Pair - Share your thoughts with another person.
Share - Share with another pair.

Closure and Transfer

Participants will be able to:
• Apply elements of closure and design activities that transfer learning.

pillsAsk learners to draw conclusions, apply new knowledge and skills, and transfer ideas to new learning situations.

Ask yourself: How will I conclude and help students transfer learning to new situations?

It's also essential to review content from earlier classes to ensure retention and use. Students need to see how the concepts are related from one class to the next.

Key Elements


Truth Seeking Activity. Explore a situation when you as the instructor have had different experiences than what is being discussed in the textbook. Share your concerns about the “real world” versus the theory and talk about the purpose of theory. Talk about reconciling inconsistencies. This is a great topic when things “change” in the profession.

Example. Talk about the Hands-only CPR and Hand Symphony and how it was changed thinking about CPR for the general public. Ask students to discussion these changes.

Triggers and Actions. Help students put the current topic within the context of the larger course by weaving content from various lessons together into an activity.

Example. Provide students with a set of 5-7 action cards. Ask the student to take a card from a pile containing triggers such as signs and symptoms, unsafe situations, key words. Ask students to match it to one of the cards in their hand. The moderator then checks the answer. If the student has chosen the best course of action, they keep the trigger card. If not, they place it in the discard pile. The goal is to collect a certain number of triggers.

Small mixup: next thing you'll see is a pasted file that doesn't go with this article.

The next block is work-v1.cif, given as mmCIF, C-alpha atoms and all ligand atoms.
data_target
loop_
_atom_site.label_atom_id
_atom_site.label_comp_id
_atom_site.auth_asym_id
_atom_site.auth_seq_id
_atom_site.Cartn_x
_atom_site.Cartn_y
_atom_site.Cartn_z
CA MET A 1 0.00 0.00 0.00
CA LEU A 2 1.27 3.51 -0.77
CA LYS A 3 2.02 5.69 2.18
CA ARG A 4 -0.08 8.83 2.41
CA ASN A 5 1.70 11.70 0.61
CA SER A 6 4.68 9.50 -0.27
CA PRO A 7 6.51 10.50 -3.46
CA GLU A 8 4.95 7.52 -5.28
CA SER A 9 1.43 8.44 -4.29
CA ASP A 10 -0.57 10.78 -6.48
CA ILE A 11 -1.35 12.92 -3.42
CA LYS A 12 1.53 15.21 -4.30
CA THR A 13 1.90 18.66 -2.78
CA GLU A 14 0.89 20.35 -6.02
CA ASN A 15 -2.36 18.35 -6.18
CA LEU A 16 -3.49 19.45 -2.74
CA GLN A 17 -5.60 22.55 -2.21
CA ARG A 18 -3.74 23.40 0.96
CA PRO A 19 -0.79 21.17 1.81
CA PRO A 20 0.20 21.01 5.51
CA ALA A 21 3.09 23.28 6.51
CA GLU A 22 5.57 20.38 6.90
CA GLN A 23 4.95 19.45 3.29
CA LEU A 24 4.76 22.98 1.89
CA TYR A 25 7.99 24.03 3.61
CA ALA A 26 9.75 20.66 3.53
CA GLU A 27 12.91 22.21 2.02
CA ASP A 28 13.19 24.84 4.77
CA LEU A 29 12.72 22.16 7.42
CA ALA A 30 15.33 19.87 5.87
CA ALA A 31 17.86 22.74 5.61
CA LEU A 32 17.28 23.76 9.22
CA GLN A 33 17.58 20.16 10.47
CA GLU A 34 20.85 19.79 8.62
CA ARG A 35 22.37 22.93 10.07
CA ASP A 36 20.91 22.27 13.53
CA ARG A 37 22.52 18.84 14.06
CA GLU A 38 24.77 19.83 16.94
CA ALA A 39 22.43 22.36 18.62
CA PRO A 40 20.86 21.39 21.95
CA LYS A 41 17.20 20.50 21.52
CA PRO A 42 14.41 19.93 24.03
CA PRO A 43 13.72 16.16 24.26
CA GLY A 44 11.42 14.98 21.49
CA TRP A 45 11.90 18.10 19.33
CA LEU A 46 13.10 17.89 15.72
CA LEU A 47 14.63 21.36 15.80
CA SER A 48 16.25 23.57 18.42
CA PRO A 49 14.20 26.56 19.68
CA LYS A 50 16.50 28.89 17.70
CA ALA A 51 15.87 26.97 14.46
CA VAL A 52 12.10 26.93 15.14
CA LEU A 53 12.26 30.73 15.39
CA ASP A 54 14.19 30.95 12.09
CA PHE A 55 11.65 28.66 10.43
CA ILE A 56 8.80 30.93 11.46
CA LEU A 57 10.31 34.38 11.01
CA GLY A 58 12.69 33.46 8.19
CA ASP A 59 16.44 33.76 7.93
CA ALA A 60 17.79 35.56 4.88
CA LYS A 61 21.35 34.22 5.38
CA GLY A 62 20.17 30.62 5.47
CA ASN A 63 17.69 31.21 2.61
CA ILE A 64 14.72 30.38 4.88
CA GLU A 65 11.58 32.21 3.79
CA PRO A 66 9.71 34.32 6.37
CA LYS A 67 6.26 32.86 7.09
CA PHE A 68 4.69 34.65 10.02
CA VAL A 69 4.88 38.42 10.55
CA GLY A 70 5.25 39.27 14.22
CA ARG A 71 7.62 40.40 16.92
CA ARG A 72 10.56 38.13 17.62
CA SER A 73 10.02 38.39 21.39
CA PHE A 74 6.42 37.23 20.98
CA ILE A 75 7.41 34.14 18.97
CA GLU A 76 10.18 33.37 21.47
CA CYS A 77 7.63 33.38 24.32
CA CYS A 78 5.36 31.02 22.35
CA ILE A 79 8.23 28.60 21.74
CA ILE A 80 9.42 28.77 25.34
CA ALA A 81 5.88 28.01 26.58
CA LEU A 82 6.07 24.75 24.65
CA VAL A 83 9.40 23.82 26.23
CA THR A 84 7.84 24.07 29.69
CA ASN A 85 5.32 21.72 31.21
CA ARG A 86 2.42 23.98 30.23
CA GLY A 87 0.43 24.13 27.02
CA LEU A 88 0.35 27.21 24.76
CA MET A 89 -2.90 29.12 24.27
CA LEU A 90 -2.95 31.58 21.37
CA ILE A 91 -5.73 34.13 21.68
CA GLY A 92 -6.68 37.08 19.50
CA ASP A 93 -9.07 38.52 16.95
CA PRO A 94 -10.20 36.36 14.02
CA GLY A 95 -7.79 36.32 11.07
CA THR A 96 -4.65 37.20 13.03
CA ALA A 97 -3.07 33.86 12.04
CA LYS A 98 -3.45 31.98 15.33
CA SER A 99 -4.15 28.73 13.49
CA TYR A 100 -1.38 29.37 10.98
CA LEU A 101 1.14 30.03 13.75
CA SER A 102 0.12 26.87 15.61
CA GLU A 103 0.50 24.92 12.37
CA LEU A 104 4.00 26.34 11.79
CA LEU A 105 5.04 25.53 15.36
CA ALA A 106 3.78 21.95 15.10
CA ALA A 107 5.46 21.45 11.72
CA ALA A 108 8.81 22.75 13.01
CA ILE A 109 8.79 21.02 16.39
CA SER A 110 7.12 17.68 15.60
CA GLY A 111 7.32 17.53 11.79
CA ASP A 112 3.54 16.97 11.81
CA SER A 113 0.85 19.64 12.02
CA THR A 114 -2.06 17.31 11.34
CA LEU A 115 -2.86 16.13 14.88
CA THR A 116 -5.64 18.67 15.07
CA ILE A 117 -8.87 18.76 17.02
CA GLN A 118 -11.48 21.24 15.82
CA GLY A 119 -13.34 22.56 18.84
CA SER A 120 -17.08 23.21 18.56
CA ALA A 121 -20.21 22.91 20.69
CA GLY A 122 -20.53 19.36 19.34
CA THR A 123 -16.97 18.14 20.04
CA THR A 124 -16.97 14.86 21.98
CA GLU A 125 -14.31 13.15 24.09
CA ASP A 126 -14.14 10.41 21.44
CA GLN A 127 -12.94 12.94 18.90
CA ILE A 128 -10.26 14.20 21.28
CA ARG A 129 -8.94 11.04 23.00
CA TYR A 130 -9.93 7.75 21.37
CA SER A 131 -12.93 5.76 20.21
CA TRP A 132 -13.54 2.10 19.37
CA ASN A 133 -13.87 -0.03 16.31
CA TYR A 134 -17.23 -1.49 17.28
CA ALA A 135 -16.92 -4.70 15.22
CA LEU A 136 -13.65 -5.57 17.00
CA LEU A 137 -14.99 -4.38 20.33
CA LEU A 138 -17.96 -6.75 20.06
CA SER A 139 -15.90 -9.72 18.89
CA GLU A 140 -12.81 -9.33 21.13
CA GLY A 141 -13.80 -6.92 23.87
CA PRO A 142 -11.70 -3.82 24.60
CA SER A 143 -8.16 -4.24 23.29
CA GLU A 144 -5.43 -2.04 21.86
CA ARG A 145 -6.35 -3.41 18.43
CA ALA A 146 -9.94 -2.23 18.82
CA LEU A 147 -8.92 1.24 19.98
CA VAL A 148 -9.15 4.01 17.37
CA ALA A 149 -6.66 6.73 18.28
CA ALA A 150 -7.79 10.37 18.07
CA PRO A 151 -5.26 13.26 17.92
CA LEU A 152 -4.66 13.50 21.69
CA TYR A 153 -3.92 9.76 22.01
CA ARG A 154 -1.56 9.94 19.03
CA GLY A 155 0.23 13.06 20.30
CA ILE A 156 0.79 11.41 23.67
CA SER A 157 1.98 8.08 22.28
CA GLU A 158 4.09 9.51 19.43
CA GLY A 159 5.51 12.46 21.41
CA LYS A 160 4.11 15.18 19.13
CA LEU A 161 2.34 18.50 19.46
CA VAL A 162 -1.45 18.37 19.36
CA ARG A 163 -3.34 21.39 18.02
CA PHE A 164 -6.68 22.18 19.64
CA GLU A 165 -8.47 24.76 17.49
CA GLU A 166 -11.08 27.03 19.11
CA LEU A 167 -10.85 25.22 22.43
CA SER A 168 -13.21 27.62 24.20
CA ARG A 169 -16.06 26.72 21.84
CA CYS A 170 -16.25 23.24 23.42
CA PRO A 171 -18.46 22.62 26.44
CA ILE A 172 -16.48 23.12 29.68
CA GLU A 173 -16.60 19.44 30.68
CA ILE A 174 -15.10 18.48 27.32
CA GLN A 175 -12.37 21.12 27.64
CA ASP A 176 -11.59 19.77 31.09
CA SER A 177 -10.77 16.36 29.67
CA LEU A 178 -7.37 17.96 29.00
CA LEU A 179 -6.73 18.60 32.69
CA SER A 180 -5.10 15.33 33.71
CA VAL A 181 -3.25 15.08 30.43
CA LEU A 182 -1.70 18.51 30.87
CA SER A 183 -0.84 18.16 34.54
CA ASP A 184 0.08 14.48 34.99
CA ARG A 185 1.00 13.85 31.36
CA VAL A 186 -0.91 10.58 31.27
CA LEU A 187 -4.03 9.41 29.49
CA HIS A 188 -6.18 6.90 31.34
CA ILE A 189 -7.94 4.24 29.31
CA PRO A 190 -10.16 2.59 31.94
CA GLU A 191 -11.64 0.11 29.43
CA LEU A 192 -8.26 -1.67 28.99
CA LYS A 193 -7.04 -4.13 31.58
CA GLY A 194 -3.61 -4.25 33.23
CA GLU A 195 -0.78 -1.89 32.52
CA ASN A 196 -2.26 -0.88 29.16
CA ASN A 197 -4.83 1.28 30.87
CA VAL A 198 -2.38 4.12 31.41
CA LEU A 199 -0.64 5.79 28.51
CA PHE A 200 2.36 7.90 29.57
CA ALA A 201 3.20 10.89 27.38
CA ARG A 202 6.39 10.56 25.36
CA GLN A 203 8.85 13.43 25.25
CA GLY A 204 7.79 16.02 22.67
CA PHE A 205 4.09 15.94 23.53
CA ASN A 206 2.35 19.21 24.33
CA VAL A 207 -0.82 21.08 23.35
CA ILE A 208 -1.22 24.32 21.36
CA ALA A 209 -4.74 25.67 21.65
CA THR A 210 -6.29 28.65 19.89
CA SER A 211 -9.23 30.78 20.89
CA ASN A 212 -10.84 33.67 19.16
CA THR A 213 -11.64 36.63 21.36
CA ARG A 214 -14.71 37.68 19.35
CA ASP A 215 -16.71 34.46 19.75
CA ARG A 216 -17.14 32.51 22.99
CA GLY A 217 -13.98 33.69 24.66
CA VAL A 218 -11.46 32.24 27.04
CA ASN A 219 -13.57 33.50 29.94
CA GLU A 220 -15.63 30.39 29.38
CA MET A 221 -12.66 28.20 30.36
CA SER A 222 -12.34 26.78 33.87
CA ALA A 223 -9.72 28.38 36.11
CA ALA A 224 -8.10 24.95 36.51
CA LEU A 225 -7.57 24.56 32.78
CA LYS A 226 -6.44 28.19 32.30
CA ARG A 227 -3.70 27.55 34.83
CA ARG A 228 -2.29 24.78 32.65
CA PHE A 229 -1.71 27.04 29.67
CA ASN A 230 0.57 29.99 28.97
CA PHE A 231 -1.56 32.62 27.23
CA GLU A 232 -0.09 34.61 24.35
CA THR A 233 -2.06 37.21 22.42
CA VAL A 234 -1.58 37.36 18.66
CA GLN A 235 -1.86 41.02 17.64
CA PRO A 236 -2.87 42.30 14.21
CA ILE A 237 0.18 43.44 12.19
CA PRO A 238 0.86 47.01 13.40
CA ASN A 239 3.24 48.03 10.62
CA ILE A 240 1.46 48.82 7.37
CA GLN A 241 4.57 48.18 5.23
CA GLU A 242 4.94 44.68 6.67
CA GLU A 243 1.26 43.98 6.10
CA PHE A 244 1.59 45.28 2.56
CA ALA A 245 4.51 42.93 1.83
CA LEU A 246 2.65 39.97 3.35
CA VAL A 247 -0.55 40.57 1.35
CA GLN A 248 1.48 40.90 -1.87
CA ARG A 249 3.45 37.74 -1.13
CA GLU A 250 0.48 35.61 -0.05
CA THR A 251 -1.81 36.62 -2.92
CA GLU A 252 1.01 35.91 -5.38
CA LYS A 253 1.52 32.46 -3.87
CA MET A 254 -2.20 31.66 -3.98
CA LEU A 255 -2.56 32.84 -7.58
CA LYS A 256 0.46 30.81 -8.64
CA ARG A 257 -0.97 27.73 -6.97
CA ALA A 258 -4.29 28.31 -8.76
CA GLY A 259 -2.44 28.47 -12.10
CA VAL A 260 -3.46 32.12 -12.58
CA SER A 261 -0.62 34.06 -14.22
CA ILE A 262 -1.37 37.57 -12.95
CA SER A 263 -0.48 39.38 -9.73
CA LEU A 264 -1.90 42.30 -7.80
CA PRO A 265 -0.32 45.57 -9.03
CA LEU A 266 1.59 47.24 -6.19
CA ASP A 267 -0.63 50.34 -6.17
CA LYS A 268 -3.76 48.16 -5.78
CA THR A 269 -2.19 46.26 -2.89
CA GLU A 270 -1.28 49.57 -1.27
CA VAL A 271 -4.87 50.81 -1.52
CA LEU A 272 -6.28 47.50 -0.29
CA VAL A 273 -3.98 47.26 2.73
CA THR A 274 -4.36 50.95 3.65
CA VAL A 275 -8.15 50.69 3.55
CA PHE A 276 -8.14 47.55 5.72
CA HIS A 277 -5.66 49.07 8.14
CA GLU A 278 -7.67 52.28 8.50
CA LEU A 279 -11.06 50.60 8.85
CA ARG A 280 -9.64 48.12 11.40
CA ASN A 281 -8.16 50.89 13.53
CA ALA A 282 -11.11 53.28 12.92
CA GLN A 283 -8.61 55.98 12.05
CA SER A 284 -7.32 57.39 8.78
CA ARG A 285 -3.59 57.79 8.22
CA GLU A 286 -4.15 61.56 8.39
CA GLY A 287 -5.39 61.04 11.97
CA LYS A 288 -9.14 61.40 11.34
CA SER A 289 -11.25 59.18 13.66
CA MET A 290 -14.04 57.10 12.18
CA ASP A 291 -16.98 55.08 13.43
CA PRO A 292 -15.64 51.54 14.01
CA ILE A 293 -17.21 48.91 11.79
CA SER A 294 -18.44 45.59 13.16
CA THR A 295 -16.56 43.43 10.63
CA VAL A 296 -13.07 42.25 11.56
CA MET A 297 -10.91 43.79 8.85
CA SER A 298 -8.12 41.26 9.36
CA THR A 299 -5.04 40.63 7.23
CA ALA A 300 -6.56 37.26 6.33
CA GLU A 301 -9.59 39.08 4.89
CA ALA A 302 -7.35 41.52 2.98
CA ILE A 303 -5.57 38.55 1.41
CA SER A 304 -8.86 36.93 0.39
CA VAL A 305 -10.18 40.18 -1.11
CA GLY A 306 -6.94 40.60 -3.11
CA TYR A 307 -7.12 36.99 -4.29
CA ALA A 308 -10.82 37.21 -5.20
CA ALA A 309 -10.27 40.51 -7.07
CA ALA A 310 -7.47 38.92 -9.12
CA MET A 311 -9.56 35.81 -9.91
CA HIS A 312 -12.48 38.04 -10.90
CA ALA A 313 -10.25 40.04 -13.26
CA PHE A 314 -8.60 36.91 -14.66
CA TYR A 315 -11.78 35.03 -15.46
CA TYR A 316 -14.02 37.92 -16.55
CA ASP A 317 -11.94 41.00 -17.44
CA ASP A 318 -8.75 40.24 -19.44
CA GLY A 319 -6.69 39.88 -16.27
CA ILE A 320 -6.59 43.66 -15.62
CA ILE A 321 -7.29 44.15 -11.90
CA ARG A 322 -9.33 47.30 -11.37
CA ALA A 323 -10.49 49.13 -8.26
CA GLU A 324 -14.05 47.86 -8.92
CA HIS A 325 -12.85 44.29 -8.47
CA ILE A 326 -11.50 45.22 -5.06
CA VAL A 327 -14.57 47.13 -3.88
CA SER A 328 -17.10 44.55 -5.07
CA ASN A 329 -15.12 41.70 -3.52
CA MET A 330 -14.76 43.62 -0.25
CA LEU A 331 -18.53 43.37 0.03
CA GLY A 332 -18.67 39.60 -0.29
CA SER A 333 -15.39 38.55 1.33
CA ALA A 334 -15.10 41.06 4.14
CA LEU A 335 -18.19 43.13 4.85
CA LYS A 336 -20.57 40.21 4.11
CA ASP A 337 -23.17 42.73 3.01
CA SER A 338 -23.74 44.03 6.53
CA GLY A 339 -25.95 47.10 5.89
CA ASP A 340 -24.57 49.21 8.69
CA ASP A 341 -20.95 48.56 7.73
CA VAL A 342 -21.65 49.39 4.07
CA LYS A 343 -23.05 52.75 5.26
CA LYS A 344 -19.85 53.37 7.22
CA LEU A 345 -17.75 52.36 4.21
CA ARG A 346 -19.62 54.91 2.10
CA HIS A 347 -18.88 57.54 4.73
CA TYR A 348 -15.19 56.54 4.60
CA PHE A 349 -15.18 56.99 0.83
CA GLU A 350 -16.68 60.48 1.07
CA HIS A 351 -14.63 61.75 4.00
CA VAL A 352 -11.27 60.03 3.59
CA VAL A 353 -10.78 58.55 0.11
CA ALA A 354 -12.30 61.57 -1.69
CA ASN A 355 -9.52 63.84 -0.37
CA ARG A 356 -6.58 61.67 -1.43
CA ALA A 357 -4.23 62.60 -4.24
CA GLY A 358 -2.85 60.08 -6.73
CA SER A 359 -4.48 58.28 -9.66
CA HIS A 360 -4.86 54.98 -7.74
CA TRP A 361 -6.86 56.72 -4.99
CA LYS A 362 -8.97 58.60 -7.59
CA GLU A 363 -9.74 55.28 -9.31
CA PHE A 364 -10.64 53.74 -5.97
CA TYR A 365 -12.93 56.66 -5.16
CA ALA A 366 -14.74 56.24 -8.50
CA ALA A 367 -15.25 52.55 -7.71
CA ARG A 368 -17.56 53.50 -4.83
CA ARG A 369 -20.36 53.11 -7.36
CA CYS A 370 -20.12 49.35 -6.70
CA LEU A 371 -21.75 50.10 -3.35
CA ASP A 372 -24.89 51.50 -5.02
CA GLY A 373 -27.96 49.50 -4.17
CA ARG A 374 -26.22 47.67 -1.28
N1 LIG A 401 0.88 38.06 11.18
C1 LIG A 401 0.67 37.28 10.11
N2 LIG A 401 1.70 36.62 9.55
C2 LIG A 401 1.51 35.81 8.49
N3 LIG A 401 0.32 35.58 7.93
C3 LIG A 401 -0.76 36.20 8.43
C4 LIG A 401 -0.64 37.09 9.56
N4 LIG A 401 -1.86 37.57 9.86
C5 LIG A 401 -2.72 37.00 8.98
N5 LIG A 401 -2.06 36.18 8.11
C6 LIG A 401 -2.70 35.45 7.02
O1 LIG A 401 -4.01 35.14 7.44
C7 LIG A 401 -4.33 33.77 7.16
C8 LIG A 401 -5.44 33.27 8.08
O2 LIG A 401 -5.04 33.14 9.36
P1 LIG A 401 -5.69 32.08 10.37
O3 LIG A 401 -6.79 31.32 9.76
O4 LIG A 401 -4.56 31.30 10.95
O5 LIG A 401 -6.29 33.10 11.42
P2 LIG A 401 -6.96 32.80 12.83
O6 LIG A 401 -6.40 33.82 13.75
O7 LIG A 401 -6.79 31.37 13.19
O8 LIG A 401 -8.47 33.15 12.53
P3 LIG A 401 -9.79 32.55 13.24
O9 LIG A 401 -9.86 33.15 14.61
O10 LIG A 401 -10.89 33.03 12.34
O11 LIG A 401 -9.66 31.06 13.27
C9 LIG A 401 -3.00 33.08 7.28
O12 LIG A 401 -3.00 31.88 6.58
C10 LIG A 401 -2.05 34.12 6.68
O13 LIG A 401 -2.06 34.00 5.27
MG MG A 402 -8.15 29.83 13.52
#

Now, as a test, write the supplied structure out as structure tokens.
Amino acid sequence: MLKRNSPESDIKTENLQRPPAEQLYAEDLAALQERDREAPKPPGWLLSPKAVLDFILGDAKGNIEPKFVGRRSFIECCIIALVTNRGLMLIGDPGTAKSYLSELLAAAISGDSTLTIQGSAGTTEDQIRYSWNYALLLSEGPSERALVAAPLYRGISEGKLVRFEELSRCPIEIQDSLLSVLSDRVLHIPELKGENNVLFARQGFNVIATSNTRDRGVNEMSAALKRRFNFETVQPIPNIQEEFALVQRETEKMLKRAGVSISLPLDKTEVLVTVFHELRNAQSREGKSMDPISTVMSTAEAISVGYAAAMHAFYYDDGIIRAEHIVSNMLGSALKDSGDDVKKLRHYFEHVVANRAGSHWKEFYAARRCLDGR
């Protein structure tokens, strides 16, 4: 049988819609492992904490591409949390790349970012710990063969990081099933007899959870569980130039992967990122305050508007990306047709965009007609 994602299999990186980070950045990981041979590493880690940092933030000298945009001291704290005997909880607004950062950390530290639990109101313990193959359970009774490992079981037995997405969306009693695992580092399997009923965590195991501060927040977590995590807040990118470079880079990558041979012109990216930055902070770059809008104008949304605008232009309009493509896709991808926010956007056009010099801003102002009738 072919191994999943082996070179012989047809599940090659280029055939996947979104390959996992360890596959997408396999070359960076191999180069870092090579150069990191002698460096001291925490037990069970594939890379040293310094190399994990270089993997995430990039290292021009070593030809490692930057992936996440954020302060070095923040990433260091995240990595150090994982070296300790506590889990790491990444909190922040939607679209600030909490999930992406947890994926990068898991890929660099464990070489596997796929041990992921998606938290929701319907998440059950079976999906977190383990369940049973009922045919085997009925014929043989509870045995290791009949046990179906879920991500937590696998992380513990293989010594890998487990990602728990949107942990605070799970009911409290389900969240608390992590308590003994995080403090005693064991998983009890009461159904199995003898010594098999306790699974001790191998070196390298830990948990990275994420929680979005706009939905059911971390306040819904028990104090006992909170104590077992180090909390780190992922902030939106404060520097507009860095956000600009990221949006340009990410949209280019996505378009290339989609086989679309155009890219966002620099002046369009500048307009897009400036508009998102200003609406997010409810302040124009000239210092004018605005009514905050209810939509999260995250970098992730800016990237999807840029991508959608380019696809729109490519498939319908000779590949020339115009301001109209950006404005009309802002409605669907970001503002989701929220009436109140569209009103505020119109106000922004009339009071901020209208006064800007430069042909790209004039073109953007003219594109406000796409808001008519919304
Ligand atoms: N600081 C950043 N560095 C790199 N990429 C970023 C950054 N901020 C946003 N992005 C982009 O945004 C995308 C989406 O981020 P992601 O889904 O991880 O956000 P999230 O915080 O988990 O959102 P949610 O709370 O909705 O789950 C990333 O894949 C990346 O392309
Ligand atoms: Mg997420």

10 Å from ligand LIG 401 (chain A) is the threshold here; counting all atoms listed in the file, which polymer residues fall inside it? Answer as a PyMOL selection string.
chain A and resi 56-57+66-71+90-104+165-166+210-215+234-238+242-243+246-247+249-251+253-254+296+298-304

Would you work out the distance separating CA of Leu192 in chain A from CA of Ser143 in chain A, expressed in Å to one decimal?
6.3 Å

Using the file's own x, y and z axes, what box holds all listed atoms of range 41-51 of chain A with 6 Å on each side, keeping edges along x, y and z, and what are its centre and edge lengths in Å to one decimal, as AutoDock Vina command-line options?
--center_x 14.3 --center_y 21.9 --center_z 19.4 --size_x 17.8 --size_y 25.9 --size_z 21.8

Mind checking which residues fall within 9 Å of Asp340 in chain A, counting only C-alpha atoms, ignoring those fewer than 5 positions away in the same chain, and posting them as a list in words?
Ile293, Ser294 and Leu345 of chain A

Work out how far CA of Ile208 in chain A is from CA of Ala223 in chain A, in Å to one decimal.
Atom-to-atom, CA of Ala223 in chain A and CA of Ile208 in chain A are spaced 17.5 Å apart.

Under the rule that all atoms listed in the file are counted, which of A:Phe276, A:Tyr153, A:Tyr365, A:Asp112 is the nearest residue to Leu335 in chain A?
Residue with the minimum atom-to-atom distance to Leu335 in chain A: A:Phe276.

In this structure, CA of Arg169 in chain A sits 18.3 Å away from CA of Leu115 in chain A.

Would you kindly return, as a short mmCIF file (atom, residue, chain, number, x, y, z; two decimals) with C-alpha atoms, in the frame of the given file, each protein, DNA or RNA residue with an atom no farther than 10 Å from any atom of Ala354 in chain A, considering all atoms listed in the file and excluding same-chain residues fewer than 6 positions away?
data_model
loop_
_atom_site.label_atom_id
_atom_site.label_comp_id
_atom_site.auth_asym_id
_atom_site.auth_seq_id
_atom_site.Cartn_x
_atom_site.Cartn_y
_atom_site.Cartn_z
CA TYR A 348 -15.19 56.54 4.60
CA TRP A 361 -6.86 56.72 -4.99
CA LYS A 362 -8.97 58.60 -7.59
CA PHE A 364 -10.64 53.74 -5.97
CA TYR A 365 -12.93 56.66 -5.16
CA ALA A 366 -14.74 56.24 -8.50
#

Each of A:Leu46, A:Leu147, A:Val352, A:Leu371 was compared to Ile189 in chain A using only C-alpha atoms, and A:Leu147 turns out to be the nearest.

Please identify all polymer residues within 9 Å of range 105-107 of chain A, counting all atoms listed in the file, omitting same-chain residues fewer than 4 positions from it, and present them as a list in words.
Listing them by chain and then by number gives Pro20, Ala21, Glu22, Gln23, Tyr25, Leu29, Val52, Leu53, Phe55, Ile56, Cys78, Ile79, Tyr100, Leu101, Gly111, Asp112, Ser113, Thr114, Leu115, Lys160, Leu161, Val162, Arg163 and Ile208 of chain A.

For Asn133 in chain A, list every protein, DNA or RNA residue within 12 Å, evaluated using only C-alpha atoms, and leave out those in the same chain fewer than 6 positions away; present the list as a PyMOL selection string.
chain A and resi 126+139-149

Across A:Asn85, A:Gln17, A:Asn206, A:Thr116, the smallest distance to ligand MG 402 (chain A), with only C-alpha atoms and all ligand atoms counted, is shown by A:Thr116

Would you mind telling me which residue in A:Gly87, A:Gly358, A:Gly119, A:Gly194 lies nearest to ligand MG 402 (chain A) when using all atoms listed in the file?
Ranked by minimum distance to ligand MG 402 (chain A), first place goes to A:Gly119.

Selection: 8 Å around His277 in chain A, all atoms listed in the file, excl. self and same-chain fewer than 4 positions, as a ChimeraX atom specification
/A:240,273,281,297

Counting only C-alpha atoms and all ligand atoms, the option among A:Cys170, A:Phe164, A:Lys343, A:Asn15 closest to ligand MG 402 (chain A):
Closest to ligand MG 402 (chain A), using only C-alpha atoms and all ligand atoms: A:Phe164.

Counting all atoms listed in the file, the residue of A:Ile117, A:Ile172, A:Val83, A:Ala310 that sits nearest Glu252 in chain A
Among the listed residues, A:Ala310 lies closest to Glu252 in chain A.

What's in the Box. Review all of the instruments learned up to this point in the course. They helps students distinguish when each might be used.

Example. Provide each group with a closed bag containing important tools. Each student reaches in the bag and pulls out a tool. Their job is to name it, describe its use, provide 3 specific examples of when it might be used and why it's in the bag.

Error Handling. It's important that a student's first experiences is with the correct procedure. However, once students have developed expertise, they are ready to look for patterns of errors and identify the "incorrect" methods.

Example. Write a sequence of events on post-its or cards. Reorder the elements. Talk about what happens when things get out of order.

Engaging Examples. Provide students with a list of categories. Randomly select a category. Students must write down a single clear example that belongs to that category on a card. Each person reads their example aloud. Everyone places the cards on the table. On the count of three, point to your favorite example. You can’t point to your own. As a group discuss those examples that were selected.

Vocabulary Game. Ask students to recall names, definitions, and uses for items.

Example. Post photos and/or instruments, equipment, tools around the room. Move around adding a word, definition, or situation where it might be used to each item. Move to whatever item is available at the time. Then, go back around as a group and analyze the information as a group.

Still Wonder. Near the end of class, ask students to write a question he or she still wonders about on a card. Everyone places cards into a basket. Individuals take cards. In groups, they try to address all the questions. If your group can’t answer the question, ask the instructor. At the end, ask if anyone still has questions… this should help decrease the number of questions

Big Picture Scenario. Consider a scenario that small groups follow through the entire course. They continue to come back to their patients and needs.

Example. Think about different categories: a water disaster, a wind disaster, a fire disaster, a campus violence disaster.

Stop GoOut the Door Activity. Post the learning outcome for the day. Before leaving class, ask students to take a card and circle: Stop, Go, Proceed with Caution. Ask students to put a stop (I’m totally confused), go (I’m ready to move on), or proceed with caution note (I could use some clarification on…) and leave it for you in the basket by the door. Use this information when planning for the next class.

Download the cards as a PDF.


try itTry It! Select Closure Activities
Go through the suggested closure activities. Select one and adapt it for use in your classroom.

BREAK TIME - full-screen countdown

Some standards and examples excerpt from the National Guidelines for Educating EMS Instructors (2002) from NHTSA.